Honeywell says it's preparing to restart its Metropolis, Illinois facility.
According to a Honeywell spokesperson, the plant has made several enhancements to its procedures based on a review of the response to the October 26 incident.
Honeywell says the site has enhanced its rigorous emergency response procedures to ensure personnel can view an incident from an expanded number of observation points on site to improve and speed incident classification. The company has also trained its employees in these new procedures and will conduct emergency response drills early next week, culminating in a drill that will be monitored by the NRC and local emergency responders. W
The spokesperson says Honeywell anticipates these enhancements will be recognized by the NRC in a Confirmatory Action Letter that will be issued soon.
According to Honeywell, the leak was caused by a mechanical failure of a piece of equipment near the end of the production process. That equipment does not share a design with any other piece of equipment required to run the plant, and has been isolated from the plant's production processes.
After its own independent inspection, Honeywell says the NRC has concluded that no detectable radioactive material was released from the site.
Honeywell admits in a report filed with the Nuclear Regulatory Commission that the company should have upgraded the classification of an Oct. 26 leak at the plant.
Honeywell spokesperson Peter Dalpe says the leak, which happened around 7:30 p.m., was due to an equipment failure in the main production building.
A small amount of UF6 was released during the incident. Honeywell initially said that no UF6 material left the building. There remains no indications that harmful concentrations of UF6 or hydrogen fluoride left the Honeywell property or that there was any danger to the surrounding community as a result of the leak, according to Dalpe. There were no injuries reported. UF6, used in the uranium enrichment process, is highly corrosive and reactive and can cause severe burns and serious radiation exposure upon contact with skin.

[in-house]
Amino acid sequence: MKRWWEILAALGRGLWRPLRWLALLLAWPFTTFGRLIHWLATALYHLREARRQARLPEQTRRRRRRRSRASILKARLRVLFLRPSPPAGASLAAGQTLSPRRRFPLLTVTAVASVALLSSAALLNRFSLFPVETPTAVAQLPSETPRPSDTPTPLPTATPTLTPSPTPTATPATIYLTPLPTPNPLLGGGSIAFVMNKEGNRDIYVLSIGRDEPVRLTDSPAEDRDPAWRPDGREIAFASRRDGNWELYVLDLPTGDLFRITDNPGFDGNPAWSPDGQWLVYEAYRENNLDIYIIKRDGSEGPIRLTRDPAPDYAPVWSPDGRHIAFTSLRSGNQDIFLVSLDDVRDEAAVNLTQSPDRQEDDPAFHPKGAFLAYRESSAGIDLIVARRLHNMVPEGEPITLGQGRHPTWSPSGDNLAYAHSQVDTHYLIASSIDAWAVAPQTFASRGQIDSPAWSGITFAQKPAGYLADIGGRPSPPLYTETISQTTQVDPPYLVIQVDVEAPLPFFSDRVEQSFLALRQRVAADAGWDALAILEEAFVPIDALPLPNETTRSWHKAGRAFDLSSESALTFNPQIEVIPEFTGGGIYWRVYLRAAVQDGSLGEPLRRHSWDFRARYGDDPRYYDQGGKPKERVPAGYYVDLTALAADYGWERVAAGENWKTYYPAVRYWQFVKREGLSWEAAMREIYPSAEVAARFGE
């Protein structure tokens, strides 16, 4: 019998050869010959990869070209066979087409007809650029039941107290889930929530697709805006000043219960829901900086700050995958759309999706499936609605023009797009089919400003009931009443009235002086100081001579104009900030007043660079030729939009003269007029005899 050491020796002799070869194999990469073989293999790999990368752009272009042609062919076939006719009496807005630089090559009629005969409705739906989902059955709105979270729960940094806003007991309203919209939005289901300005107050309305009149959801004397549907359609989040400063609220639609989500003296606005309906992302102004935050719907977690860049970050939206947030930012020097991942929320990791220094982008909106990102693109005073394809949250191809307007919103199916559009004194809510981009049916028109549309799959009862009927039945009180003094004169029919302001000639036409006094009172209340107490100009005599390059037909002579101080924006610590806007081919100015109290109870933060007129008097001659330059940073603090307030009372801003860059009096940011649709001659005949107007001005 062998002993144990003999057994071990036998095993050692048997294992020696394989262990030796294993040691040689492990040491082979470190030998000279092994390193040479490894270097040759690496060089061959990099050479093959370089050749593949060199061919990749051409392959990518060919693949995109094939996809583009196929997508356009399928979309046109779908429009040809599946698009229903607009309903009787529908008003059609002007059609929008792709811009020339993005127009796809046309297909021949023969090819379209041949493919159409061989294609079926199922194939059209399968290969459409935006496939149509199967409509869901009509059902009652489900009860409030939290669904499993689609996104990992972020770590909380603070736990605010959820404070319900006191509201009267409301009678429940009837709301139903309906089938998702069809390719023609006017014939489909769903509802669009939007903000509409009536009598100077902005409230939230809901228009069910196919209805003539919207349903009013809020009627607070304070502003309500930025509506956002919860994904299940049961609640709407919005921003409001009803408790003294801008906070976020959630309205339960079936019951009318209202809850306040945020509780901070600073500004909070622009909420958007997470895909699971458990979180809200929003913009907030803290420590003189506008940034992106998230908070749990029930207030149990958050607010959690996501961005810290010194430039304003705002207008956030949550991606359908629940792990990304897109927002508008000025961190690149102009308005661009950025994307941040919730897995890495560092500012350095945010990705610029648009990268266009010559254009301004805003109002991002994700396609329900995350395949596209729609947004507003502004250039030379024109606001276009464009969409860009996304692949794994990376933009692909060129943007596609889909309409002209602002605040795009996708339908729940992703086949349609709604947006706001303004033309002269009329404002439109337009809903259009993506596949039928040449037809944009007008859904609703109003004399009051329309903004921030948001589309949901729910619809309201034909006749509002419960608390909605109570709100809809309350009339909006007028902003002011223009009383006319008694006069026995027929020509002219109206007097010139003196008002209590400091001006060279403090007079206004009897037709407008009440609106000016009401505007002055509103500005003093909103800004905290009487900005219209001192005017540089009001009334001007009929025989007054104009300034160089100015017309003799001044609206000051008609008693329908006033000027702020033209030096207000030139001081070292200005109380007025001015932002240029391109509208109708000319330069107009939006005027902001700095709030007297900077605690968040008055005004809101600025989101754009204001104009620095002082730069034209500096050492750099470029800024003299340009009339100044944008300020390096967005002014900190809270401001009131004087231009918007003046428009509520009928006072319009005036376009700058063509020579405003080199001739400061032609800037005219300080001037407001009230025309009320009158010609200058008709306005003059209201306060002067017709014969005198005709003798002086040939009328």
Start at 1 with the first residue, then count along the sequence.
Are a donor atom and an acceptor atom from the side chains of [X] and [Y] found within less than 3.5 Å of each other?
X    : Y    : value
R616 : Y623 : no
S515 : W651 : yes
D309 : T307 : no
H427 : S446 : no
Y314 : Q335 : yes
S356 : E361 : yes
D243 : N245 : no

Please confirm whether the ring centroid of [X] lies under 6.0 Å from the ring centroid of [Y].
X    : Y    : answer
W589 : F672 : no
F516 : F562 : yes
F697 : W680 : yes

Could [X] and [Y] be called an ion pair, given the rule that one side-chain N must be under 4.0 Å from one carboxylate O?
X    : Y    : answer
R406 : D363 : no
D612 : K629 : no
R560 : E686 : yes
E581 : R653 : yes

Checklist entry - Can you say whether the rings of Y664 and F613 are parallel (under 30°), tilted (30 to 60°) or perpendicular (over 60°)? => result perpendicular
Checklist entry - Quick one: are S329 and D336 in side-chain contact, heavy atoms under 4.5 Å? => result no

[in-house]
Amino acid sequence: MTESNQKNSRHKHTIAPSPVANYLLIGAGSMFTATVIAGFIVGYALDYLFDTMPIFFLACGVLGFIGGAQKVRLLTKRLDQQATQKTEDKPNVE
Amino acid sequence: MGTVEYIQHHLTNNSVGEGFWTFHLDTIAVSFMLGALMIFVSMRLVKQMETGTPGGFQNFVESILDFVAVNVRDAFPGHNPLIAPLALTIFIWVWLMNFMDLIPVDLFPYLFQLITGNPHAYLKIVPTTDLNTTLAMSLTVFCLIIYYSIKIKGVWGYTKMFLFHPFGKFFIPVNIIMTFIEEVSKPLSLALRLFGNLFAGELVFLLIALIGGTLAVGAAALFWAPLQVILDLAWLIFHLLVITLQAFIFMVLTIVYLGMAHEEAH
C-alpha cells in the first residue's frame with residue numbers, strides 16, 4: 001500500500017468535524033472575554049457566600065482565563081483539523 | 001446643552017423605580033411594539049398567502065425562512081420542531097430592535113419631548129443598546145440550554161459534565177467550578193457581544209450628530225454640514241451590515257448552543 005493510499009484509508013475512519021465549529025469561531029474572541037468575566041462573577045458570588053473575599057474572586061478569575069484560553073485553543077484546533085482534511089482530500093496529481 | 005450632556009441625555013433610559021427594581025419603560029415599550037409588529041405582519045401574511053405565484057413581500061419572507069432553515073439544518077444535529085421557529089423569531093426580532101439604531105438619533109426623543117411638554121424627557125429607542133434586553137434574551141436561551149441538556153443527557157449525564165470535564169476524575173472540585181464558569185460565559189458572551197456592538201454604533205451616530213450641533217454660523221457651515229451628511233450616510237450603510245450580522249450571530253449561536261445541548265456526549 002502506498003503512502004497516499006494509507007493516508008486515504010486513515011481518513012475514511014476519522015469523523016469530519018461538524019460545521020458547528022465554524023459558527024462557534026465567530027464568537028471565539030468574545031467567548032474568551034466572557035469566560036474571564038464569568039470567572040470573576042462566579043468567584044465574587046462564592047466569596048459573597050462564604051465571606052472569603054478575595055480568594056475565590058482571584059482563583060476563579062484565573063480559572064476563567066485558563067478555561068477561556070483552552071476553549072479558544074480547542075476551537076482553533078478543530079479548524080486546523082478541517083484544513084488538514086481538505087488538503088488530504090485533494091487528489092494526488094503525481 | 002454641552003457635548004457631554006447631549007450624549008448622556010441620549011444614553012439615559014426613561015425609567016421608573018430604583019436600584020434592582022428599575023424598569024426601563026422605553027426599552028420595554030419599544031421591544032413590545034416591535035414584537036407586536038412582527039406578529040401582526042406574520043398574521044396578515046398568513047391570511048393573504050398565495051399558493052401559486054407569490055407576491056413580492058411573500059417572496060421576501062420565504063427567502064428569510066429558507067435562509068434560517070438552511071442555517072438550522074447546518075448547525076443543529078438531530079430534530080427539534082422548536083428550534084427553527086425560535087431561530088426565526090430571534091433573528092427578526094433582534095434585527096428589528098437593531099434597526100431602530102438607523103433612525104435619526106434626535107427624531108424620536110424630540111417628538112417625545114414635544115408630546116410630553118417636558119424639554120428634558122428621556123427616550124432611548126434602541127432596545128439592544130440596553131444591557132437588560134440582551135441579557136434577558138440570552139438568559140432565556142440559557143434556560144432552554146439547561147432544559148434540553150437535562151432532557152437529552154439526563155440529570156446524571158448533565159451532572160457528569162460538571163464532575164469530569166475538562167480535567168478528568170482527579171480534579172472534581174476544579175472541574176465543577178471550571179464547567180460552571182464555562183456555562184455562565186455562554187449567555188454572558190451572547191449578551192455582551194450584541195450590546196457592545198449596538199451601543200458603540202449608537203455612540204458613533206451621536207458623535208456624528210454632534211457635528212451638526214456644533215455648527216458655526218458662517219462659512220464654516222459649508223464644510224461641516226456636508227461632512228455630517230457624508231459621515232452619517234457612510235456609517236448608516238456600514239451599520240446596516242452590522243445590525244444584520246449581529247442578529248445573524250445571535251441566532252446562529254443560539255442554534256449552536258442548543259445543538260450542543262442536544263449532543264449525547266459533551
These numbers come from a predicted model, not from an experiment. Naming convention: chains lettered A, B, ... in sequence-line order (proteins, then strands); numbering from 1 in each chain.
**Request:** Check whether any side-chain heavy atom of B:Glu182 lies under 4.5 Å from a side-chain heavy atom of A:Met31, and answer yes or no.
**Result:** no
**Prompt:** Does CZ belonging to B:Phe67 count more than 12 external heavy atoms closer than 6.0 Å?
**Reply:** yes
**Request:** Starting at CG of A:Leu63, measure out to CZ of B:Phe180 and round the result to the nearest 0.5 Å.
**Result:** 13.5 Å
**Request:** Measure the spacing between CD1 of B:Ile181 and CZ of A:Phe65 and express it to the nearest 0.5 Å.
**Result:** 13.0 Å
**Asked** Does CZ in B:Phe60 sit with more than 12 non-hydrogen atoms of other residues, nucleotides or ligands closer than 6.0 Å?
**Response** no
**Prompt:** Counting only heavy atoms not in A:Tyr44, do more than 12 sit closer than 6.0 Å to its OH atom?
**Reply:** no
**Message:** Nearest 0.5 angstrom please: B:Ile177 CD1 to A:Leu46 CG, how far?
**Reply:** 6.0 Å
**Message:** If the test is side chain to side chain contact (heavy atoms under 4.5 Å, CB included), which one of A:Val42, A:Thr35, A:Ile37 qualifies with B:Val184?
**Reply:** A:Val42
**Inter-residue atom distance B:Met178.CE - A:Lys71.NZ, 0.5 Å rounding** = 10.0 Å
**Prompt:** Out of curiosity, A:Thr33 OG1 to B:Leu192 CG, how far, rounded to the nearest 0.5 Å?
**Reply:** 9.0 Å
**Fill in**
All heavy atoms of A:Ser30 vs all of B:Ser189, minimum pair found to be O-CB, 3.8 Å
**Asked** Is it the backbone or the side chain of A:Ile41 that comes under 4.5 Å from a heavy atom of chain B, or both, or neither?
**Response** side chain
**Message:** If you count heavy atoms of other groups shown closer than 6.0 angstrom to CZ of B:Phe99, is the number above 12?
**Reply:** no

A report filed with the NRC admits that the event “should have been upgraded” at 7:42 p.m. to “Alert” status instead of "plant emergency."
The Metropolis plant converts milled uranium into uranium hexafluoride gas, which is then enriched at other facilities to make fuel for commercial nuclear power reactors, according to the company.
Honeywell released this statement on Nov. 6.:
“Honeywell's Metropolis plant is continuing its investigation into the incident of Oct. 26 and has determined that the leak was caused by a failure of a piece of equipment near the end of the production process. That equipment does not share a design with any other piece of equipment required to run the plant, and has been isolated from the plant's production processes. The investigation has also determined that only a small amount of UF6 was released during the incident and that the plant's extensive safety systems worked as designed during the event. There remain no indications that harmful concentrations of UF6 or hydrogen fluoride left the Honeywell property or that there was any danger to the surrounding community as a result of the leak.
Also, based on preliminary results of the investigation to date and discussions with the U.S. Nuclear Regulatory Commission, the plant has changed the classification of the incident from a “plant emergency” to an “alert” and has made changes to emergency procedures. Those changes determine how plant incidents will be evaluated and classified going forward. The company anticipates that the NRC will to confirm these changes in a Confirmatory Action Letter.”
United Steelworkers Local 7-669 President, Stephen Lech, said, “It is unfortunate that the NRC was not even going to investigate the event and simply take Honeywell's word for their response until the union sent the Commission a video of the event. We are now beginning to see that the union's claims of an inadequate response were not an over reaction.”